Mea culpa, mea culpa, me maxima culpa. Forgive me, Saint Greta, for I have fossil fueled.
Ever since MIT surrendered its mission to train scientists and engineers in favor of preparing elite social justice warriors for a life of advocacy, it became necessary to imbue every activity with the catechism of net-zero righteousness. This means that even summer students flying abroad to preach sustainability need to calculate the carbon footprint of their jaunts.
What’s the best way to assuage their resulting guilt? Why, buying carbon indulgences, of course!
Never mind what goes on behind the curtain when these virtuous commodities are bought and sold. As is true for the vast array of social, racial, gender, and environmental justice programs that now form the core of MIT’s curriculum, all will be judged based on their stated intentions, not their actual results.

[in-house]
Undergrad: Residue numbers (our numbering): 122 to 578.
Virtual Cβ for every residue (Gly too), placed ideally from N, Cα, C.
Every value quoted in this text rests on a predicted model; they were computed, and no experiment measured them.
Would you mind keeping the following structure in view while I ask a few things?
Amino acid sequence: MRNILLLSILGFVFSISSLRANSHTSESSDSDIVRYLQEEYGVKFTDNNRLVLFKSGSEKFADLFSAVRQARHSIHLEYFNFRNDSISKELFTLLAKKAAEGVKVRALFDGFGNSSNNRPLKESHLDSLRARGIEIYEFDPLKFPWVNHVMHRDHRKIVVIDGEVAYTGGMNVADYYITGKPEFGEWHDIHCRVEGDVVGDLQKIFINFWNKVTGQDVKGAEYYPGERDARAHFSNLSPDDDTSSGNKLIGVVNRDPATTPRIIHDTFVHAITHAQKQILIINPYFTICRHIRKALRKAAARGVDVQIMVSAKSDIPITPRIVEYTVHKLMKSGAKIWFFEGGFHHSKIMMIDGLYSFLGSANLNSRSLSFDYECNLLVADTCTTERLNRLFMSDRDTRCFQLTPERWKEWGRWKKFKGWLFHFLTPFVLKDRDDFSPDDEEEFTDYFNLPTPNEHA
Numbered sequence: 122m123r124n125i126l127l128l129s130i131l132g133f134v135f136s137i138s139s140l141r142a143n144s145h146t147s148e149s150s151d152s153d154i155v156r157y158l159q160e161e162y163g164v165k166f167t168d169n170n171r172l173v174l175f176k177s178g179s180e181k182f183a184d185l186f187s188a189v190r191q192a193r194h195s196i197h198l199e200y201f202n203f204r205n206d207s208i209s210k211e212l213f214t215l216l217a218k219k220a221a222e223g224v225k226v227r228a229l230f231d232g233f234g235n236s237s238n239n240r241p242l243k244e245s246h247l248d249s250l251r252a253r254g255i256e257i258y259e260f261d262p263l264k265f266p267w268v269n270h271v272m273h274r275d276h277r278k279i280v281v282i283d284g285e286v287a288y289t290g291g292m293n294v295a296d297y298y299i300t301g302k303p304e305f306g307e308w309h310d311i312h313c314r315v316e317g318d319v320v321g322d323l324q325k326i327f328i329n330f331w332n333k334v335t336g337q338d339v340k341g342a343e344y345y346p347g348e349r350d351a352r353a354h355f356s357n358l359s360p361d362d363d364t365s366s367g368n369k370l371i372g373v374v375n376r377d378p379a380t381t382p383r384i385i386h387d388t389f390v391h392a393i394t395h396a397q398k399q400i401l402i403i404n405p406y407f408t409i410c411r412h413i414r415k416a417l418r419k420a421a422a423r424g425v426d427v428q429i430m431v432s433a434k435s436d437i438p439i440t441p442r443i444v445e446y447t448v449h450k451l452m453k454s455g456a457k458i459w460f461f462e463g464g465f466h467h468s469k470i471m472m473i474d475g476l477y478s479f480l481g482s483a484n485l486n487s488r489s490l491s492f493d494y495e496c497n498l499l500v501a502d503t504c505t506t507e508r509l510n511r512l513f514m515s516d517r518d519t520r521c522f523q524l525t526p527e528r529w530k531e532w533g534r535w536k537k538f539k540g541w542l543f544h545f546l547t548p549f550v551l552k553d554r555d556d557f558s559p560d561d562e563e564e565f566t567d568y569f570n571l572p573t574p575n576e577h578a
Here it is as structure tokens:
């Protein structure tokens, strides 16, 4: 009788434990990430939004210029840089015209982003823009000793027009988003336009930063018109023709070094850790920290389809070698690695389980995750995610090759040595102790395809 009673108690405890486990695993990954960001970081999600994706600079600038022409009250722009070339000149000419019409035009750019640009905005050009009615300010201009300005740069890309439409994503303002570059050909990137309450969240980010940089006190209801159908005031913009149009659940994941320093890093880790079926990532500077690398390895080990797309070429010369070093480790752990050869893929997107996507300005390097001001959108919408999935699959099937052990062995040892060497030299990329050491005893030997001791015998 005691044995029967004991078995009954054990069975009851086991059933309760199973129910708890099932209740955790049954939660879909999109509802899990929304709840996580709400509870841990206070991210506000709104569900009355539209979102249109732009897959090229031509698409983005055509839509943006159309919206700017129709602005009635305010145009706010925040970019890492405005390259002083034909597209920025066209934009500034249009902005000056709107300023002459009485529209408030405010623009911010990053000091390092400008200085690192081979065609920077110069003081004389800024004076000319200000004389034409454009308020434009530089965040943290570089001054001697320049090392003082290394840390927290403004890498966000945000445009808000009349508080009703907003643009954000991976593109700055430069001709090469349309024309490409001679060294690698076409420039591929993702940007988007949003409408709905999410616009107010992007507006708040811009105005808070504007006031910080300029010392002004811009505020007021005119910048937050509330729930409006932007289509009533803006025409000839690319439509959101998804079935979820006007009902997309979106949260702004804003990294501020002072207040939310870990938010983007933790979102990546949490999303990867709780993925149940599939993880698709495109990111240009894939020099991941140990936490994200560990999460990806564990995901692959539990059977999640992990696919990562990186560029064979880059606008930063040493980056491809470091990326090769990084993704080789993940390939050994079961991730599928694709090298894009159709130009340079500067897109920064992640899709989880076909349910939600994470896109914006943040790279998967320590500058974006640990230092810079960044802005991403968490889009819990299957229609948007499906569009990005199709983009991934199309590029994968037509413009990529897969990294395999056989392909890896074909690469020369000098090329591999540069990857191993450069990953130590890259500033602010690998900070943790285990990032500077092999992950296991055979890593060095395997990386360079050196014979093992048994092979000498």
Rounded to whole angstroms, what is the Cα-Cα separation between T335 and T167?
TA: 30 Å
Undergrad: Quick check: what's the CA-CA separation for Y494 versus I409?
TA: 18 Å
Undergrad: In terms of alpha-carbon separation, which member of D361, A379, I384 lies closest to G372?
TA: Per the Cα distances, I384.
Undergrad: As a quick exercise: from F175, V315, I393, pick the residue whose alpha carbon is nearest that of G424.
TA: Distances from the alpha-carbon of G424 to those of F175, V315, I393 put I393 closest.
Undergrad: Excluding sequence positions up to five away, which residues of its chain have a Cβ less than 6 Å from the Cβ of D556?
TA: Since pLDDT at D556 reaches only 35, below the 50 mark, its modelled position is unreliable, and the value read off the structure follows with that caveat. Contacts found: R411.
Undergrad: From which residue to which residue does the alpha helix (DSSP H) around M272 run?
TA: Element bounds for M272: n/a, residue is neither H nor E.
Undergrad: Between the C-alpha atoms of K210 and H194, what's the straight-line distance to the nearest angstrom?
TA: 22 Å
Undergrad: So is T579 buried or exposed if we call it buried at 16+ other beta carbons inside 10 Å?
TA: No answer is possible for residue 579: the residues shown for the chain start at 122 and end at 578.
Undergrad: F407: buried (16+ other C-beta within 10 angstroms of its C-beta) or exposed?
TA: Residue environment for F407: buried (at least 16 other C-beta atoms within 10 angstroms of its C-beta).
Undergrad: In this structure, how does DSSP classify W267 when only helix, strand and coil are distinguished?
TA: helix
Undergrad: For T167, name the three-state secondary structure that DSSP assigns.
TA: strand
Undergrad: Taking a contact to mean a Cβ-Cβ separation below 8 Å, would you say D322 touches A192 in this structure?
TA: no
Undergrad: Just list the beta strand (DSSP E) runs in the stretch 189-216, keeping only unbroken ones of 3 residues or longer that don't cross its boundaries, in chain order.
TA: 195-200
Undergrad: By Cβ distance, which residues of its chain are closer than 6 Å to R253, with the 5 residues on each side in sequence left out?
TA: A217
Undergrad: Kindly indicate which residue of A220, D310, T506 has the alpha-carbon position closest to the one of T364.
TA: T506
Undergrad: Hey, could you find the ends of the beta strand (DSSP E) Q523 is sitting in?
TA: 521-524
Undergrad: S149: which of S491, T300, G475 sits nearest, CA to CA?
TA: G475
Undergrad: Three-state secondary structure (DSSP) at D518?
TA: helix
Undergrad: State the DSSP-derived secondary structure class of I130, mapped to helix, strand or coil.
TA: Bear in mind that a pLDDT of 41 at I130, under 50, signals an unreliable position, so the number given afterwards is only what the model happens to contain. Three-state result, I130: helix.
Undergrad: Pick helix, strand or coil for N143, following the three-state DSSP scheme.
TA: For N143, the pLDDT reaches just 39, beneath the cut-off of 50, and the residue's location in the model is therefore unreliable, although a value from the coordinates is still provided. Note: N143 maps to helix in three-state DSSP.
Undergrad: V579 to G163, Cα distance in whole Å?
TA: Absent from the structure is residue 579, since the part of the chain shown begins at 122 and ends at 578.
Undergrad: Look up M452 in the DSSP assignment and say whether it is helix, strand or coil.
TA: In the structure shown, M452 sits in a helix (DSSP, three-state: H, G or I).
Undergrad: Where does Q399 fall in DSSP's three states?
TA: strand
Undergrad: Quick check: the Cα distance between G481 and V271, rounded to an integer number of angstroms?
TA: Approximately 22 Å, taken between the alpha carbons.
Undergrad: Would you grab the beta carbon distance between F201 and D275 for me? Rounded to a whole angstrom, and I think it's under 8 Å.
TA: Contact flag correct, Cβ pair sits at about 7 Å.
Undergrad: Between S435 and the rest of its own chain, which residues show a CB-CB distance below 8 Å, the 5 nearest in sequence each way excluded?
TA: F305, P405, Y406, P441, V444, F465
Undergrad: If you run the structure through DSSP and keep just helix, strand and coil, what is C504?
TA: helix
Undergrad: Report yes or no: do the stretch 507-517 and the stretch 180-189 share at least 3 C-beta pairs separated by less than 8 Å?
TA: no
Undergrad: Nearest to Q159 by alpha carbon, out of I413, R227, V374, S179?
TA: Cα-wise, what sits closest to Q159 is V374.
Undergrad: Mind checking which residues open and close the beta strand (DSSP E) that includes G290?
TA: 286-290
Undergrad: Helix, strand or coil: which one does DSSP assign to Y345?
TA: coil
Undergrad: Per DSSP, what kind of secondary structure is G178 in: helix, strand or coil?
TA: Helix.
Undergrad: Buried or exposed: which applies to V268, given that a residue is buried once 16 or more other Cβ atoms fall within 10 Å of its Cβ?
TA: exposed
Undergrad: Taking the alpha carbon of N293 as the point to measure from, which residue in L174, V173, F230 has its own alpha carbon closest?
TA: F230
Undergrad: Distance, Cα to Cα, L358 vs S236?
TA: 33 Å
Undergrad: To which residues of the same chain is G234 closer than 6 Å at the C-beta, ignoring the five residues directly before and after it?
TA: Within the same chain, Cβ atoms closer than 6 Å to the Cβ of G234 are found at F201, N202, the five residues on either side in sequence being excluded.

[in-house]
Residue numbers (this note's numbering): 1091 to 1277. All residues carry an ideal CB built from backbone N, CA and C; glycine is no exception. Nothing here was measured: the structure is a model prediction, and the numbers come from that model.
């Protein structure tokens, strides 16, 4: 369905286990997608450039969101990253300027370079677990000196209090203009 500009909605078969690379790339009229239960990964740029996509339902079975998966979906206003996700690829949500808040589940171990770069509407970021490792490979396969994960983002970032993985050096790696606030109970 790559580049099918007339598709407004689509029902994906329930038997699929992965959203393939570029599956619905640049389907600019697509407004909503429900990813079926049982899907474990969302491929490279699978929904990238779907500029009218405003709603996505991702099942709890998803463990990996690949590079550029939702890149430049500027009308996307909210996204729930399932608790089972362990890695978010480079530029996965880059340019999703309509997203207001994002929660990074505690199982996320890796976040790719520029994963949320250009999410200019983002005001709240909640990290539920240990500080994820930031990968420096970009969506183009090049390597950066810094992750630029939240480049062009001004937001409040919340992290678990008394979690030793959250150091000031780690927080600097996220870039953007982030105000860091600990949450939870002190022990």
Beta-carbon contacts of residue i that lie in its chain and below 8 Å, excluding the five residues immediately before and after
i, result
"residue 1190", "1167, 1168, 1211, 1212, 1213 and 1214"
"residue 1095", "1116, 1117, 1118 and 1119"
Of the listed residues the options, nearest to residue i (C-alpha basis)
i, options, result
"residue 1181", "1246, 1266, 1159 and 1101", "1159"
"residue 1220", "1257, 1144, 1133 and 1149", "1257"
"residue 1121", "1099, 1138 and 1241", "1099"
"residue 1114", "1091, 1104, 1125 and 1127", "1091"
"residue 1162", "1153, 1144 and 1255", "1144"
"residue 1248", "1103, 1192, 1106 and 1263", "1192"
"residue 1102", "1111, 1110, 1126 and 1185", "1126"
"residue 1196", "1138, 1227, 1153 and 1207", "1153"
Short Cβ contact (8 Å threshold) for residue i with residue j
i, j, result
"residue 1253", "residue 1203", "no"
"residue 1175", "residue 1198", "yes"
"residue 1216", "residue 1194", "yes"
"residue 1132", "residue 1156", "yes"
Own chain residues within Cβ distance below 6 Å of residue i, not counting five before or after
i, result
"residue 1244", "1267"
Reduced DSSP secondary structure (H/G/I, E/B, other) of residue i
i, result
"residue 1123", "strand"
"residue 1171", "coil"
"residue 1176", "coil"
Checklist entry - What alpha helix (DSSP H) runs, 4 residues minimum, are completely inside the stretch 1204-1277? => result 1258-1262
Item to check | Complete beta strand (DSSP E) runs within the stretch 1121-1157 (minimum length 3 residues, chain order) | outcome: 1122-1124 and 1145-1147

Even so, MIT’s Sloan School points out the wisdom of consulting with their anointed experts if you hope to burnish your ESG credentials purchasing carbon indulgences. The last thing you want is to expose yourself to climate denying heretics accusing you of greenwashing.
So relax, and feel good about yourself. Carbon indulgences’ sustainable virtue lets you enjoy the benefits of fossil fuels without sacrificing your ability to lecture others about the evils of consuming the devil’s brew.